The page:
It was a spontaneous decision to visit Istanbul. I was sitting in a Hong Kong cafe with local tattoo artist Ross Dixon Turpin (co owner of Star Crossed Tattoo), he had been putting me up in Hong Kong for the last few nights. We were talking about potential countries to do street art in. Very enthusiastically, he said I needed to pay Istanbul a visit. He had traveled there recently with his wife and told me that this city is pretty much free reign for getting up. A few days later I was sitting in an airport bar in Seoul, South Korea with an Australian couple that had just traveled to Istanbul. They told me how alive the people are there. They spoke of its deep culture and busy streets with great excitement. They seemed regretful to be going back home. Days after this I found myself watching live Turkish music in San Francisco’s Revolution Cafe. The music was loud, fast paced and full of life, the women in the band were of Turkish decent and beautiful. I knew after these three experiences, it was time to book a ticket.
I find it generally easier to put work up in the streets during the warmer seasons so I booked my ticket for May. I had virtually no contacts there with the exception of a gallery I emailed, Mixer Gallery. Luckily I was to later pay that gallery a visit and connect with some of the locals.
I spent time watching documentaries on Turkey, Istanbul, and Syria. I had never traveled to this part of the world and found myself very nervous. Istanbul has a reported 99% Muslim population. Its streets are filled with various left/right opposing political groups, mass amounts of Syrian refugees escaping the war, anti gentrification protests that lead to violent clashes with the police, emerging Kurdish insurgent groups, and a string of Al Qaeda attacks on Istanbul and neighboring Turkish cities in recent years. All of that coupled with the fact that I don’t speak Turkish gave me some minor anxiety.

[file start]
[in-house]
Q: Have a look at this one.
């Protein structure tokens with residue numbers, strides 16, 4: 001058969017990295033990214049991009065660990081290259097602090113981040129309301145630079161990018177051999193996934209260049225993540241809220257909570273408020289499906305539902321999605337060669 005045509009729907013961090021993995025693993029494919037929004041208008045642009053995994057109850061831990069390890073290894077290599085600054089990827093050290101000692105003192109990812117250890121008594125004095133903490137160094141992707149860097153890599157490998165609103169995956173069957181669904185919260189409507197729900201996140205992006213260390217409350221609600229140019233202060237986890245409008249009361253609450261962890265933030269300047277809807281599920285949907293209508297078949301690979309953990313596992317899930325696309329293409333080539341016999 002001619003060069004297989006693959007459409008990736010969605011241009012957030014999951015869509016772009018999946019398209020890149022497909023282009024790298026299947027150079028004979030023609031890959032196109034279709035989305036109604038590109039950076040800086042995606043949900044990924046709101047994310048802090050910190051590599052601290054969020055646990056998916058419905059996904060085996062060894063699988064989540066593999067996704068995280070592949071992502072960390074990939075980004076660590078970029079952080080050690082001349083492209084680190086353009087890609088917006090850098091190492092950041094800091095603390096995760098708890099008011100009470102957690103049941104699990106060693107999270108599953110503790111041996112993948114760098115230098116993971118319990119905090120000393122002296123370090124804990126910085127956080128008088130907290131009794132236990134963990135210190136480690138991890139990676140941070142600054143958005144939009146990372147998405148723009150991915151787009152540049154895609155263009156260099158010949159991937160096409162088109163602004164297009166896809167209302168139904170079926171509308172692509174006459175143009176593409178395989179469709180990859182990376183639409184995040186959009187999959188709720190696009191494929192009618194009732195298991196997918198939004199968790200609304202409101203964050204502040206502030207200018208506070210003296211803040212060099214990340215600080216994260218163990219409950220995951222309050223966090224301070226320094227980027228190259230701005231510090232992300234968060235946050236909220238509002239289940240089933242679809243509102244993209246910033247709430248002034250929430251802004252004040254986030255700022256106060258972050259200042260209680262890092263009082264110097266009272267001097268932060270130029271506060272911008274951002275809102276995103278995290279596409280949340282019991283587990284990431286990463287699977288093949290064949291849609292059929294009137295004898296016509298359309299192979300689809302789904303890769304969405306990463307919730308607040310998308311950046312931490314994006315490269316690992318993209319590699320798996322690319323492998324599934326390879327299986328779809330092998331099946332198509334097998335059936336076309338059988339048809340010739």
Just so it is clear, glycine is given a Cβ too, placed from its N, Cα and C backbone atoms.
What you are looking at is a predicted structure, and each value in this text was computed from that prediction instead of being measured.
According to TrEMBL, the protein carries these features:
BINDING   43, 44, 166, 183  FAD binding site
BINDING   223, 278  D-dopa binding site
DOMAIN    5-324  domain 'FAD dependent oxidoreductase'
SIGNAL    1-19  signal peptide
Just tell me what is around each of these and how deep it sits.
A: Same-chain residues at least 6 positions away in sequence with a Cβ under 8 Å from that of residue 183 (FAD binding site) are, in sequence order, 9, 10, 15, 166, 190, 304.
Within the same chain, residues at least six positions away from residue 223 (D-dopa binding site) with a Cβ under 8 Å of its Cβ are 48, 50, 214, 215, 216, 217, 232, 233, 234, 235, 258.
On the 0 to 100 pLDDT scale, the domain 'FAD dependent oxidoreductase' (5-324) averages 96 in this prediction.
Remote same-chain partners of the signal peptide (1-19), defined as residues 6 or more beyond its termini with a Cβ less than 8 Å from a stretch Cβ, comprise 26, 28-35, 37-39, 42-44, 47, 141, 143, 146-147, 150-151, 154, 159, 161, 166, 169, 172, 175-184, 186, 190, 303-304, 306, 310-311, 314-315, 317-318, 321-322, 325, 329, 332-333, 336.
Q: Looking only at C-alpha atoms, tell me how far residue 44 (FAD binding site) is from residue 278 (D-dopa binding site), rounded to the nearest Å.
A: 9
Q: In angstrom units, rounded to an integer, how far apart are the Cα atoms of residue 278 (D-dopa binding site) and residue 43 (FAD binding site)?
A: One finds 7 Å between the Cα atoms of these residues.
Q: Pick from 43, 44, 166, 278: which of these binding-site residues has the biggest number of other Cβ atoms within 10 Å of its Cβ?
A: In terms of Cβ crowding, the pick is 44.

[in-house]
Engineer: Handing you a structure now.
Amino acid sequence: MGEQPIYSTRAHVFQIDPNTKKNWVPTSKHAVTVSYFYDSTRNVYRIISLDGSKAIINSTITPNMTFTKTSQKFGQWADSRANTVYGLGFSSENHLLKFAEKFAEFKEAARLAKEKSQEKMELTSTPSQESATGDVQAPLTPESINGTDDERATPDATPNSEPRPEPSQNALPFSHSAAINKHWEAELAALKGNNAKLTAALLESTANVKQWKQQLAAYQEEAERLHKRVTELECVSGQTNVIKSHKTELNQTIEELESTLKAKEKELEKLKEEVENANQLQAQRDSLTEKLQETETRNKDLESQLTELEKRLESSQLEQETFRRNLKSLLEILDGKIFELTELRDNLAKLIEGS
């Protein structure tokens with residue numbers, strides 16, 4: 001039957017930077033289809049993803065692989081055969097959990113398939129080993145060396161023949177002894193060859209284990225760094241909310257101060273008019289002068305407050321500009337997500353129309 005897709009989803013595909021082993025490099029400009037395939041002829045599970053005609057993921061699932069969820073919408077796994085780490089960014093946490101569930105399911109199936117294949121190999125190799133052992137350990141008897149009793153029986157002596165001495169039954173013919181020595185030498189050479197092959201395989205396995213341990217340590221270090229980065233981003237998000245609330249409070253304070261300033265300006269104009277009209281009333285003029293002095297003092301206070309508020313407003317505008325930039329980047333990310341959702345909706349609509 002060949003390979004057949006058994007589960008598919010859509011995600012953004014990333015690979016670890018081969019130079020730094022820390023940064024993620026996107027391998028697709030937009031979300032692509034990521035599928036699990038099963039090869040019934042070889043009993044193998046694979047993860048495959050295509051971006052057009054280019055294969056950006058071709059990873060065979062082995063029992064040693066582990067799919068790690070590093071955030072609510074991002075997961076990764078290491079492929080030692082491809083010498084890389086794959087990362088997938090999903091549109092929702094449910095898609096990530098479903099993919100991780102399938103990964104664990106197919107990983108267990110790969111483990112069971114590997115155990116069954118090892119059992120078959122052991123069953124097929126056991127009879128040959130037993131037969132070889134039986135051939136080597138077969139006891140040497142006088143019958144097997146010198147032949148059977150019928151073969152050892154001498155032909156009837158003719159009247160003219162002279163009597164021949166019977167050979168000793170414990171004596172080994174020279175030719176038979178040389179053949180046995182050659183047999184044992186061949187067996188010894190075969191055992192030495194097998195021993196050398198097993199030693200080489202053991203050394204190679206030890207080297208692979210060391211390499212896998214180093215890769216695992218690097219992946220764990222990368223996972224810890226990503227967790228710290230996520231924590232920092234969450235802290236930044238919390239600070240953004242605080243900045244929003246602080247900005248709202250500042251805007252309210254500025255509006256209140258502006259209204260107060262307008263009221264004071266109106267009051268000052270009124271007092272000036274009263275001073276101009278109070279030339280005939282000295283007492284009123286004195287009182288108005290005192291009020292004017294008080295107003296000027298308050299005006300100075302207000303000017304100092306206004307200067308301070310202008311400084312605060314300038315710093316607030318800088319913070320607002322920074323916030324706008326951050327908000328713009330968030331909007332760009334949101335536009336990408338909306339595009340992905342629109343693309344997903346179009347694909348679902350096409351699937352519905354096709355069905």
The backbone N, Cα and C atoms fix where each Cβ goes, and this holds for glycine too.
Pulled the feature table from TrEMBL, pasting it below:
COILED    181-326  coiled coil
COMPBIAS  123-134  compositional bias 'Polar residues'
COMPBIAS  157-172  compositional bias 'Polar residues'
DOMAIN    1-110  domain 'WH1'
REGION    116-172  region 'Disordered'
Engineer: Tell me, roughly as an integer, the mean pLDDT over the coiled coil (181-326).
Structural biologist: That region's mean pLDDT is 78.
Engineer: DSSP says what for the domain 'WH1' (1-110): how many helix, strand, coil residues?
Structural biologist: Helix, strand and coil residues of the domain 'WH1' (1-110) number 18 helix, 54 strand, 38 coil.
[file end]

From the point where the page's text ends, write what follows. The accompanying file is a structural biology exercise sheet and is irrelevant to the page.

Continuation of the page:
I contacted a number of artists that traveled to Istanbul as well as Turkish people who migrated to the Bay Area. After being briefed on what to expect, where to go, what to see, etc., I was put at ease. Aside from doing street art, I was excited to walk Istanbul’s narrow streets, enter buildings dating back to the Roman era, visit the city’s numerous Mosques, view it’s Byzantine architecture and eat it’s delicious food. I was still a bit nervous but very excited.
I planted myself in Istanbul’s Beyoglu district, located in the heart of Istanbul with easy access to all surrounding neighborhoods. Keeping up with the general theme of my work, I switched my color palette to an assortment of brick reds, browns and whites to fit in with the general colors of the city’s architecture.
Beyoglu is a neighborhood that is large in size and massively dense with people. It’s walls are covered street to street with extremely well executed graffiti pieces. Literally thousands of pieces can be seen on every roller door, ground level wall, alley way and accessible rooftop. Finding it difficult to find open space in that area; most of my works in Beyoglu can be found in abandoned lots, on top of demolished buildings, rooftops above local markets and residential areas slightly off the more busy streets.